Missouri House overwhelmingly passes a budget bill containing raises for state workers
The legislation, which now goes to the Senate, includes an 8.7% cost-of-living increase for state workers. It's one of two supplemental budget bills the legislature will pass this year.
Missouri state workers are closer to seeing an increase in their paychecks as a supplemental budget makes its way through the legislature.
The measure includes an 8.7% cost-of-living increase for state workers. It also allows for some workers to earn an additional $2 an hour if they work late night or overnight shifts in some state departments.
The House voted 151-2 to pass the supplemental budget. The legislation now goes to the Senate.
Not included are raises for state elected officials, which were originally in the bill.
Gov. Mike Parson announced his recommendation for state worker raises in January and reiterated his commitment to them during his State of the State address.
House Budget Chair Cody Smith, R-Carthage, said the bill includes $20 million for school safety grants and $275 million in spending authority for the Missouri State Emergency Management Agency.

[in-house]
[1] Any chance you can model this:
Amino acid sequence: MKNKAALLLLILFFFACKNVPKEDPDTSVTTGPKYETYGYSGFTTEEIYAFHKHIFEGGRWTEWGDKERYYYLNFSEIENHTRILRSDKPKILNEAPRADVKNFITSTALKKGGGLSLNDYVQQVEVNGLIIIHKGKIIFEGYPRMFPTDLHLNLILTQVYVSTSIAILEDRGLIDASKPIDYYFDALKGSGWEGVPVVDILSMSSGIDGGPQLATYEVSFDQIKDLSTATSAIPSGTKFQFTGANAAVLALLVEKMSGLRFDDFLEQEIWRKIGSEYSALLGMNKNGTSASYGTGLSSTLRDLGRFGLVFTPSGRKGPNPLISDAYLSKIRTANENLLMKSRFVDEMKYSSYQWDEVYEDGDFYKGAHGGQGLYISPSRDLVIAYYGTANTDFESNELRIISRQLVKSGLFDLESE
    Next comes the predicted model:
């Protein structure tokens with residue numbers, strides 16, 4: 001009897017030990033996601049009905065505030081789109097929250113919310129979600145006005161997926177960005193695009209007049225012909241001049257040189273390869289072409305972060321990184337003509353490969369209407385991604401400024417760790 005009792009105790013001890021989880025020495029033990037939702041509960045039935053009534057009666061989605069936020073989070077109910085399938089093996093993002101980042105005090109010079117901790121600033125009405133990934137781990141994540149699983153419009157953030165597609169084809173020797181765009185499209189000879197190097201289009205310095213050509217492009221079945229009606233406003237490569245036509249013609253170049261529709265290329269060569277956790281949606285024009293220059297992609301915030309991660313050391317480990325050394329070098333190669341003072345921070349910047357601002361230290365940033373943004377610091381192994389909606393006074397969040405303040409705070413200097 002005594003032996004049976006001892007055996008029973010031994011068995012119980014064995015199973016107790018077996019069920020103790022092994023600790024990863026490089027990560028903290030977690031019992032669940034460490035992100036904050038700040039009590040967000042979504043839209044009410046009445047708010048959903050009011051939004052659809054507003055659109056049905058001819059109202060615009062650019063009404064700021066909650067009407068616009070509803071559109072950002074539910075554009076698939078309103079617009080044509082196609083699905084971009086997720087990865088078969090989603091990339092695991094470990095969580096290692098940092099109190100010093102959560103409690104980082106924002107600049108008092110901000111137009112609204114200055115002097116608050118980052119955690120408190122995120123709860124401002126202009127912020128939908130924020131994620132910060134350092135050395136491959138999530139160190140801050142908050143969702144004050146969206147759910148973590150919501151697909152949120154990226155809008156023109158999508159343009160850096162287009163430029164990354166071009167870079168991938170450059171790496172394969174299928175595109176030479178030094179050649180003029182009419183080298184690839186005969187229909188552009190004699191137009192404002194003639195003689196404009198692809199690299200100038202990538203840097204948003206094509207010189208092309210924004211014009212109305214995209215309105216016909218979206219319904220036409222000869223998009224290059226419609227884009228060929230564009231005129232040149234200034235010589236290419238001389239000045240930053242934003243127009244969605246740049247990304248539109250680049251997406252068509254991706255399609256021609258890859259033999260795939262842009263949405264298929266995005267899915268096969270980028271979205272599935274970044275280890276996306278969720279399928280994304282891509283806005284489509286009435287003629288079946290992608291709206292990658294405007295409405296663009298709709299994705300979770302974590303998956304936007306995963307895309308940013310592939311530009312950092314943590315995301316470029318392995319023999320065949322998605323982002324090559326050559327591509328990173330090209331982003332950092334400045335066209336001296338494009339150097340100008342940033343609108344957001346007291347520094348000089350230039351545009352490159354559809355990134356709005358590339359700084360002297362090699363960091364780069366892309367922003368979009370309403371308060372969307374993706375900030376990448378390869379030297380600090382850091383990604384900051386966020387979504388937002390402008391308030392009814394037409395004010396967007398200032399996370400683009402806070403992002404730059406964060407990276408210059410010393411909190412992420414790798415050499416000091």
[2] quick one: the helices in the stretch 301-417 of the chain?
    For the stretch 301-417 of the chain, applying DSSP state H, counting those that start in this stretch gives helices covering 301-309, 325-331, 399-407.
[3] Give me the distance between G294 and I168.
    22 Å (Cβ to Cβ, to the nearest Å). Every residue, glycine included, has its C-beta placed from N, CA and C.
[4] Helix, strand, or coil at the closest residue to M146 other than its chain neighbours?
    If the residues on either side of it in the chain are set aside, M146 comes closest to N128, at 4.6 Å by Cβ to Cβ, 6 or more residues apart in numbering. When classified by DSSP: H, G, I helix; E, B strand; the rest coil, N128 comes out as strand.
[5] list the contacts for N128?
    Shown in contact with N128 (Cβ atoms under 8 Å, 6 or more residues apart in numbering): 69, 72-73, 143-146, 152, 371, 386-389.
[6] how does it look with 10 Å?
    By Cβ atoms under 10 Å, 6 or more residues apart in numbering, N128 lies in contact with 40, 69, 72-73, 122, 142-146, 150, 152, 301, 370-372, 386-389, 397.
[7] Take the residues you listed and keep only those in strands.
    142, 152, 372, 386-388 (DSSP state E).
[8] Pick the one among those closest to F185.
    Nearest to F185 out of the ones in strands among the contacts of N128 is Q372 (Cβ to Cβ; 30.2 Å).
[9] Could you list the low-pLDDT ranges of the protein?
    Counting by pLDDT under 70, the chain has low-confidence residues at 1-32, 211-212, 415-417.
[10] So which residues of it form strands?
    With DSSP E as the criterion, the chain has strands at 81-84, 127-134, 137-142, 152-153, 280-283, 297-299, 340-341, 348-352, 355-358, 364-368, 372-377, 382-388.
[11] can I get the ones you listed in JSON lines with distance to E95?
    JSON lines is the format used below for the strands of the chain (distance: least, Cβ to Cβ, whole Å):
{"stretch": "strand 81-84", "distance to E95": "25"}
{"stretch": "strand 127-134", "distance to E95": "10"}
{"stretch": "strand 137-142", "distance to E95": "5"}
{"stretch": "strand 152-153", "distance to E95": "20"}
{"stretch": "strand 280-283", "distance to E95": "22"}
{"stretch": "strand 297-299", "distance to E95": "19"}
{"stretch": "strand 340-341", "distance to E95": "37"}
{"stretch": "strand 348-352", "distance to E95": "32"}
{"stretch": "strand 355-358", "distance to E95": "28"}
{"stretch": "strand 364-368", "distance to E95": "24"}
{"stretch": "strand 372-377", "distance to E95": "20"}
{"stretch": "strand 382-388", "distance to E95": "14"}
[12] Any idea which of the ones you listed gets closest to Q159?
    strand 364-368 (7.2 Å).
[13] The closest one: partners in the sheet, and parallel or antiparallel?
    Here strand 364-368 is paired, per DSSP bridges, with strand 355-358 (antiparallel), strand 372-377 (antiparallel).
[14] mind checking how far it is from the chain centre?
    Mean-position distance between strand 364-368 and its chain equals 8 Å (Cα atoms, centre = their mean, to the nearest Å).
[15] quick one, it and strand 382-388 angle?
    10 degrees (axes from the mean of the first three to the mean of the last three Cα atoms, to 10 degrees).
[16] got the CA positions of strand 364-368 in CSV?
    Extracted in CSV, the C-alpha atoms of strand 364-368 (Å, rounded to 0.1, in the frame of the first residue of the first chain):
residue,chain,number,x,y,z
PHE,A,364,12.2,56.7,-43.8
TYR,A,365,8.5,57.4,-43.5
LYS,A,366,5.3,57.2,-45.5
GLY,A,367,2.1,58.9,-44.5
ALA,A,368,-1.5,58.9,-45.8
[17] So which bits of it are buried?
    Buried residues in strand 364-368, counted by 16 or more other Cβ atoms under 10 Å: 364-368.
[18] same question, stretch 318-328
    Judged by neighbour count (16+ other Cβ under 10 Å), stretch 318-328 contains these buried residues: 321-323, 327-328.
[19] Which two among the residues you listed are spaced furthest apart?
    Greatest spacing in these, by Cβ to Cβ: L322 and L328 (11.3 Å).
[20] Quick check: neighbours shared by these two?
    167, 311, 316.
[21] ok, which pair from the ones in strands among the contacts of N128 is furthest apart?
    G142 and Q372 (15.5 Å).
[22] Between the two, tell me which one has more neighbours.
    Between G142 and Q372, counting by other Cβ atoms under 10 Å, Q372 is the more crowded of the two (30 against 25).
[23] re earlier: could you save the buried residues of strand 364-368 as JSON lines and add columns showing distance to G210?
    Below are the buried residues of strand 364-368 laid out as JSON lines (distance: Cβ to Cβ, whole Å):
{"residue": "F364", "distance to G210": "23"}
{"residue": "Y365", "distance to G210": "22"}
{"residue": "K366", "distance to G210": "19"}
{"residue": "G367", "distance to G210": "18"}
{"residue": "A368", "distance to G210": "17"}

Rep. Peter Merideth, D-St. Louis, said that he appreciated the money for the safety grants but that it won’t stop school shootings from happening.
“Turning our schools into prisons or castles, frankly, it's not going to stop people from getting inside,” Merideth said. “And until we do something about the root causes of why the violence is happening in the first place, this $20 million isn't going to go very far.”
Another expense is almost $629,000 for black vulture mitigation. Sen. Lincoln Hough, the chair of the Senate Appropriations Committee, sought that money out.
The vultures attack young livestock.
The bill amounts to almost $627 million with around $121 million of it coming from general revenue.
Merideth said he wants the state to do more to increase state employee pay in future budget bills. He said if lawmakers felt that the state had enough revenue to support the tax cut passed last year, then they have enough revenue to keep up with inflation.
Smith defended the legislation, including the amount in it, before the vote.
“When I started here, 2017 was my first year, the state budget was less than $30 billion. The governor's recommendations this year are over $50 billion, and so we have to make trade-offs. Unfortunately, we can't spend our way out of all society's problems,” Smith said.
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